The SEC’s Chief Accountant is a watchdog, among those who ensure high quality auditing in the complex world of financial reporting. For years, this role has admonished auditors to be skeptical and audit committees to be independent, as the Sarbanes Oxley Act of 2002 mandated. Paul Munter, current SEC Chief Accountant, recently gave an important speech that briefly, but powerfully, reaffirmed these basic rules. All directors should pay attention, especially audit committee members.

As the legal supervisors of a company’s auditor, audit committees have a crucial role in promoting audit quality and protecting investors, Mr. Munter said. Audit quality is necessary for making financial reporting reliable and useful, which in turn affects investor trust and market efficiency. However, audit quality can be impaired by various factors, such as management preferences, auditor optimism, or audit committee supineness, Mr. Munter noted.

To do their duties and protect investors, audit committees should follow these guidelines, Munter said, which I have restated as a kind of ten commandments for audit committees:

  • pick an auditor based on its ability and skill to perform a high-quality audit with professional skepticism, considering the auditor’s industry expertise and its record in professional inspection reports
  • pay and oversee the auditor to focus on and improve audit quality and protect investors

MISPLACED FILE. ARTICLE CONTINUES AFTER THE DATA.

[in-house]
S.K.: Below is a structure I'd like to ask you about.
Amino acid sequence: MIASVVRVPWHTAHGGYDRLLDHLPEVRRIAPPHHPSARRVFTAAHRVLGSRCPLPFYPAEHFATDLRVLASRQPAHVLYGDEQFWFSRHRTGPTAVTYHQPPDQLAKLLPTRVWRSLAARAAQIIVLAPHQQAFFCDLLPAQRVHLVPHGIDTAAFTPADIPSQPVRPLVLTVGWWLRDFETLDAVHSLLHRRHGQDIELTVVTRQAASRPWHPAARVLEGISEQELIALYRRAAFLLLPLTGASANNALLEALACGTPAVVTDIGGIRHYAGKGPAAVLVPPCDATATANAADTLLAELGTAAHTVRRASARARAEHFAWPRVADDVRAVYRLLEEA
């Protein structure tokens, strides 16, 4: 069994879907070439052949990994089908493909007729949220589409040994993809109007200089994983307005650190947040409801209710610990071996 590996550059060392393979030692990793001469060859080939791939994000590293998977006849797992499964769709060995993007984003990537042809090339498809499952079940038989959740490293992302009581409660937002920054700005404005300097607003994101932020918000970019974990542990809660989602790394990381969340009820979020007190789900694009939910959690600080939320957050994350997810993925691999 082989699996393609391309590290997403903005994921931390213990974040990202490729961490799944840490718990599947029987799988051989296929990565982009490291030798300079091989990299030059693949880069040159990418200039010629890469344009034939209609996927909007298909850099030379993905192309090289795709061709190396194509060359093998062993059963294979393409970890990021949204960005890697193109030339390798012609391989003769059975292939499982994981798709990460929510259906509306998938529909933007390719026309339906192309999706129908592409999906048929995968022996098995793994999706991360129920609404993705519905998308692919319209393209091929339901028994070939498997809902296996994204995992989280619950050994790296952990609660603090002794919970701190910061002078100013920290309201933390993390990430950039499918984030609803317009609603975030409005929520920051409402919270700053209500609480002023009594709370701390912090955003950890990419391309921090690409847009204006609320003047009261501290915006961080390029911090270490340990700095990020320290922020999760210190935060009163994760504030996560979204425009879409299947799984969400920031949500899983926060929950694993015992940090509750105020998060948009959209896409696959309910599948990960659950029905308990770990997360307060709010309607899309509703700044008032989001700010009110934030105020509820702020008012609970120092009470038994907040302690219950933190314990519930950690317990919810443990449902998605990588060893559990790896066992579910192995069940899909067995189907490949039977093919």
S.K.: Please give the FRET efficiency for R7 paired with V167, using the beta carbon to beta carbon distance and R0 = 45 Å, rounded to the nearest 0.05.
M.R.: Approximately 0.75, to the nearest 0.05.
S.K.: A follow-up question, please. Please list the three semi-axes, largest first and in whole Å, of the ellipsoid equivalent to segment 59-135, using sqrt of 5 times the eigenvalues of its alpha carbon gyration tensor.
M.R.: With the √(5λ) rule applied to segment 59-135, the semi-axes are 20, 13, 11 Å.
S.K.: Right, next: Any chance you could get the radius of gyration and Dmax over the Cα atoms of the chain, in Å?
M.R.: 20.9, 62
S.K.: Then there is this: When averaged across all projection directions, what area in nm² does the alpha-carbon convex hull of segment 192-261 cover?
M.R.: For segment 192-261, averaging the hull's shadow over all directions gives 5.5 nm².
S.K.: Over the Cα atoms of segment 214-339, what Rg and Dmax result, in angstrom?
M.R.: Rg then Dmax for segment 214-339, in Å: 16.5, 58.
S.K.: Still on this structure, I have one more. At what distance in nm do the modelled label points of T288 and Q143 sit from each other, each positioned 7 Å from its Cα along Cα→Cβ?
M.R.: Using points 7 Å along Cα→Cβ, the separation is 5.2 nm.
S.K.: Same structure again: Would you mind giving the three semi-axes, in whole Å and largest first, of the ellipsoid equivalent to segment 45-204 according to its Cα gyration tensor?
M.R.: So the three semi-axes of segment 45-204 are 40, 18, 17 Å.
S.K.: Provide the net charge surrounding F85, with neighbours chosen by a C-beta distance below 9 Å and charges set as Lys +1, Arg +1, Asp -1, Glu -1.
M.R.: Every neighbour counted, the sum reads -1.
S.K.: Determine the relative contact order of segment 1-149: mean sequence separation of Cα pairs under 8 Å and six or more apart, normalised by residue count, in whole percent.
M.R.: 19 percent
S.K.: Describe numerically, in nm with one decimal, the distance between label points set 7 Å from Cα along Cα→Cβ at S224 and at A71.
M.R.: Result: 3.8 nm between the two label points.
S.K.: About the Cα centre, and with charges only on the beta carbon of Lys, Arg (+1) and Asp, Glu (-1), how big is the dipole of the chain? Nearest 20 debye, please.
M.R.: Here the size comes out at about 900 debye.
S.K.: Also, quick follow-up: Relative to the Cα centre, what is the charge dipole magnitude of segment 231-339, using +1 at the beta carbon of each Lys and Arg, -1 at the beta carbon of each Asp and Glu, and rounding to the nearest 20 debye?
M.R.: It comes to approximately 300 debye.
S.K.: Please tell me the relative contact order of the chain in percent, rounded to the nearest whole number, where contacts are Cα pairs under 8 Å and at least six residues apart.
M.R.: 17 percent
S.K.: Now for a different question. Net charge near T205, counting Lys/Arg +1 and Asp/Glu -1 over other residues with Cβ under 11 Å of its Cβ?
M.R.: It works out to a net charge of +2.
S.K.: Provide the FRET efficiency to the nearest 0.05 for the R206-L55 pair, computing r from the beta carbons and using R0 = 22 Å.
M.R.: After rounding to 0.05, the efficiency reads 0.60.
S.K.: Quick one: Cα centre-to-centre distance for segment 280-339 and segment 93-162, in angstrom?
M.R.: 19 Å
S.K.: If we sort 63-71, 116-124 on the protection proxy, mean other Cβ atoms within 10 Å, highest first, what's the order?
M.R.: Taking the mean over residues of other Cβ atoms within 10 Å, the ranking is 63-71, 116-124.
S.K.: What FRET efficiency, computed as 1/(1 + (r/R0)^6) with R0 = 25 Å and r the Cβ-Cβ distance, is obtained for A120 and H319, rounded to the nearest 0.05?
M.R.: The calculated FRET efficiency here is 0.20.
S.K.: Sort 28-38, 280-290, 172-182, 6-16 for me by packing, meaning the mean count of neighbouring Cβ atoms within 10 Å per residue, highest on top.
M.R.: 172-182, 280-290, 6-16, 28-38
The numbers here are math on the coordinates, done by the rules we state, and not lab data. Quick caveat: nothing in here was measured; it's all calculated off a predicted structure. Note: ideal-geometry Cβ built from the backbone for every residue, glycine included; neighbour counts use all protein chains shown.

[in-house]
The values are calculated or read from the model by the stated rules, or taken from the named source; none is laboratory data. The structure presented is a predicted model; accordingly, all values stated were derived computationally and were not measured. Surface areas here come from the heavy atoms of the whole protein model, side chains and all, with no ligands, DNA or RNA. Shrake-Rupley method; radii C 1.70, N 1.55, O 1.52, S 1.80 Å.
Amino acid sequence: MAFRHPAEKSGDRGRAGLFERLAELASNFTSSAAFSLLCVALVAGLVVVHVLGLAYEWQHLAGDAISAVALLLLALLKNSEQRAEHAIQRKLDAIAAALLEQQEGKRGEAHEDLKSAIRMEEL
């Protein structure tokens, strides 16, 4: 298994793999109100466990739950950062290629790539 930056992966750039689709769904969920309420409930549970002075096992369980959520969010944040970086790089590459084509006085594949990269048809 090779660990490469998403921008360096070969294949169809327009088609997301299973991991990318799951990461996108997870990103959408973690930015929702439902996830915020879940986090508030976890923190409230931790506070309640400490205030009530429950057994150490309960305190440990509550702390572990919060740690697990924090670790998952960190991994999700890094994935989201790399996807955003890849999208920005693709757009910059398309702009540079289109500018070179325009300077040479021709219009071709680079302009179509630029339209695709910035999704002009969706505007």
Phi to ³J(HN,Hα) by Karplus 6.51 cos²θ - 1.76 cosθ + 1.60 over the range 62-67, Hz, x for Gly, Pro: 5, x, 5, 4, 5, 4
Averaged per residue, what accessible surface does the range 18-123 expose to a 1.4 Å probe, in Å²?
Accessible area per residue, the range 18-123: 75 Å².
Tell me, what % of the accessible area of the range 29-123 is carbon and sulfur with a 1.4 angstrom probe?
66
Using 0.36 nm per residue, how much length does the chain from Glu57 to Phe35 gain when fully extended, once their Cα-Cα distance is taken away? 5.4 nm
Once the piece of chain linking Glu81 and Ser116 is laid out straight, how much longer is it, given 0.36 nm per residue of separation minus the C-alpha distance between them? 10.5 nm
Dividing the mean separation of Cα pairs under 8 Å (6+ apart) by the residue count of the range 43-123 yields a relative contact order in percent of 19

• avoid close ties with the company or its management that may impair audit quality or investor interests
  • review the auditor’s performance regularly using relevant measures and feedback, including engagement hours and staffing mix and audit judgments
  • back the auditor’s independence and help it use professional skepticism
  • build a strong professional relationship with the auditor, separate from management
  • have regular, candid and thorough conversations with the auditor on financial reporting and internal control issues
  • ask the auditor tough but reasonable questions to check audit quality
  •  talk directly with the audit team and show the audit committee’s support
  • observe and assess the tone and quality of the auditor’s interactions with management
  • intervene when necessary to present or resolve any conflicts or disputes between management and the auditor    

These guidelines are not new, and they can be stated in different ways. But they are worth repeating, remembering and upholding, especially in times of uncertainty and rapid change, which create significant challenges and risks for financial reporting and auditing. While all audit committee members are and must be financially literate—and all committees include at least one accounting expert—they all must also remember that they too are watchdogs.